Ani is either greek cypriot or a pig headed idiot that needs to get their facts straight.. Having had many holidays in greek cyprus and turkish cyprus I must say I enjoy both sides of the border. The greek side is far more set up for tourism than the turkish side, which is more relaxed and unspoilt. Having read a book named The genocide files, written by an unbiased man of neither turkish nor greek descent, and having had many conversations with people whose lives were affected by the so called invasion I think you will find out that the turks 'invaded' the island of cyprus to stop the slaughter of turkish cypriots. Children and adults of all ages being killed by greeks who wanted the island to be their own. That is a huge factor in why the turks retaliated. It is not a greek island and you will find that anyone that holidays on cyprus will be of the same opinion. And most of the world will agree. It is a turkish/greek island. I find the greek people in cyprus very bitter to this day towards the turks. The turks of cyprus are very peaceful people and are a great pleasure to be around. The greeks are also very nice but the turks are not just about making money through what little tourism they have compared to the greeks, they also want to make friends with their visitors. Perhaps Ani you should stop being so bitter and get both sides of the story. It is people like you that make me want to holiday in the turkish side of cyprus because of your attitude and hatred.

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By AB - Jan 24 2014

Ani, Turkey Cyprus is a legitimate term used by locals on both sides of the border. For your information the Turkish intervention/ invasion in 1974 was a reaction to ten years of ethnic cleansing against native Turkish Cypriots by the Greek Cypriots. The un were first involved with the island in 1964, to try and prevent the murders and disappearances. With the Turkish army obeying orders to halt their advance by the un during the invasion. If it was British or American ex patriots being cleansed on a tiny island I think it would be far more likely either nation would take the whole island. The Greek Cypriots brought the situation on themselves. I think that you have responded too strongly to a legitimate term that you seem to believe is illegitimate.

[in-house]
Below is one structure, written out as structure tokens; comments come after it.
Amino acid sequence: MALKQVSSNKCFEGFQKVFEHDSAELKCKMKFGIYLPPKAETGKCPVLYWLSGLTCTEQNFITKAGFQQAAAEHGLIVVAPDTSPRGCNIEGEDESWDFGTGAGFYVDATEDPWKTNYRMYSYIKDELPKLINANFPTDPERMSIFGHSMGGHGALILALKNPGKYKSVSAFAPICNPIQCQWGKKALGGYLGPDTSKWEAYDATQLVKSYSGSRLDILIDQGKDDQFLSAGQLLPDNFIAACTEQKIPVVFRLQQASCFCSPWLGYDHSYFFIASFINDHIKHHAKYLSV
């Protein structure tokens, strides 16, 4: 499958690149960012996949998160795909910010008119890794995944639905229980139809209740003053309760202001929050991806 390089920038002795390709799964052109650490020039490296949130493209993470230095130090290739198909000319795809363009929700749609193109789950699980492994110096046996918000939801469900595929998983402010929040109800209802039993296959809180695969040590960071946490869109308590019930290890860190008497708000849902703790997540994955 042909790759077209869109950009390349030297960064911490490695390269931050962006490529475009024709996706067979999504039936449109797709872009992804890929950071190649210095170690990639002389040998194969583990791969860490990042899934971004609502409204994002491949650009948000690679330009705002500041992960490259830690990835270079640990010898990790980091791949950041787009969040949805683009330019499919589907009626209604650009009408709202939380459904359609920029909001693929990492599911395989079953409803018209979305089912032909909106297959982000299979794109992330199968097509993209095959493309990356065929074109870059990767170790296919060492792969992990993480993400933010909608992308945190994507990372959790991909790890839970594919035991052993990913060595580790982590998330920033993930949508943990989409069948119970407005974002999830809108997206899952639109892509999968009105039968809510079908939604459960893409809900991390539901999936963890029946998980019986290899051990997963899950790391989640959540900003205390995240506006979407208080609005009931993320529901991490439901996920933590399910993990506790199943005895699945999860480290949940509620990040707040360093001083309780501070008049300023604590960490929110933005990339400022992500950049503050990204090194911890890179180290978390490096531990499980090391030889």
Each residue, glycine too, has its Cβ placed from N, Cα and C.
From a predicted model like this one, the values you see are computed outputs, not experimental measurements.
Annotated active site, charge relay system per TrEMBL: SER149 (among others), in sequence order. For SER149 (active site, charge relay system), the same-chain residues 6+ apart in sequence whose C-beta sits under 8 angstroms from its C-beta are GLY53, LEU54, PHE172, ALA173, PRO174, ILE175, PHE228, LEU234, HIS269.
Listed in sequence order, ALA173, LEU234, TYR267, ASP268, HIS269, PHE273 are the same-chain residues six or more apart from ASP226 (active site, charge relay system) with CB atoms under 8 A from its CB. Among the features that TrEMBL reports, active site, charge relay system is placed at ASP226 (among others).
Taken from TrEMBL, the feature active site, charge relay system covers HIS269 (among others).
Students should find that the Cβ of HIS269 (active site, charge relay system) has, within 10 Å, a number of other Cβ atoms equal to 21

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By Cyprus Luxury Destinations - Nov 6 2013

Great tips! Cyprus boasts more than 300 days of sun a year and the climate is typically Mediterranean; long and hot summers, while the winters are short and with little rainfall. With this in mind, North Cyprus is also the ideal place to really relax and perfect if you are looking for somewhere lovely to get married. For more tips on why North Cyprus http://www.cyprusluxurydestinations.com/en/20775/north-cyprus-tourism

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By Purple MENA - Oct 24 2013

A great advices that we loved to share on our social media!
We, at Purple MENA, will make Cyprus feels like home if you are planning to visit it!
Find more about Cyprus and our homes on : https://www.facebook.com/purplemena

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By Traveller - Sep 20 2013

Excuse my ignorance but when was this article written?

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By Cyprus Holiday Advisor - Sep 3 2013

Great list but I would also include a drive to Karpas Peninsula, Jeep Safari and Diving. Northern Cyprus has something to offer for everyone.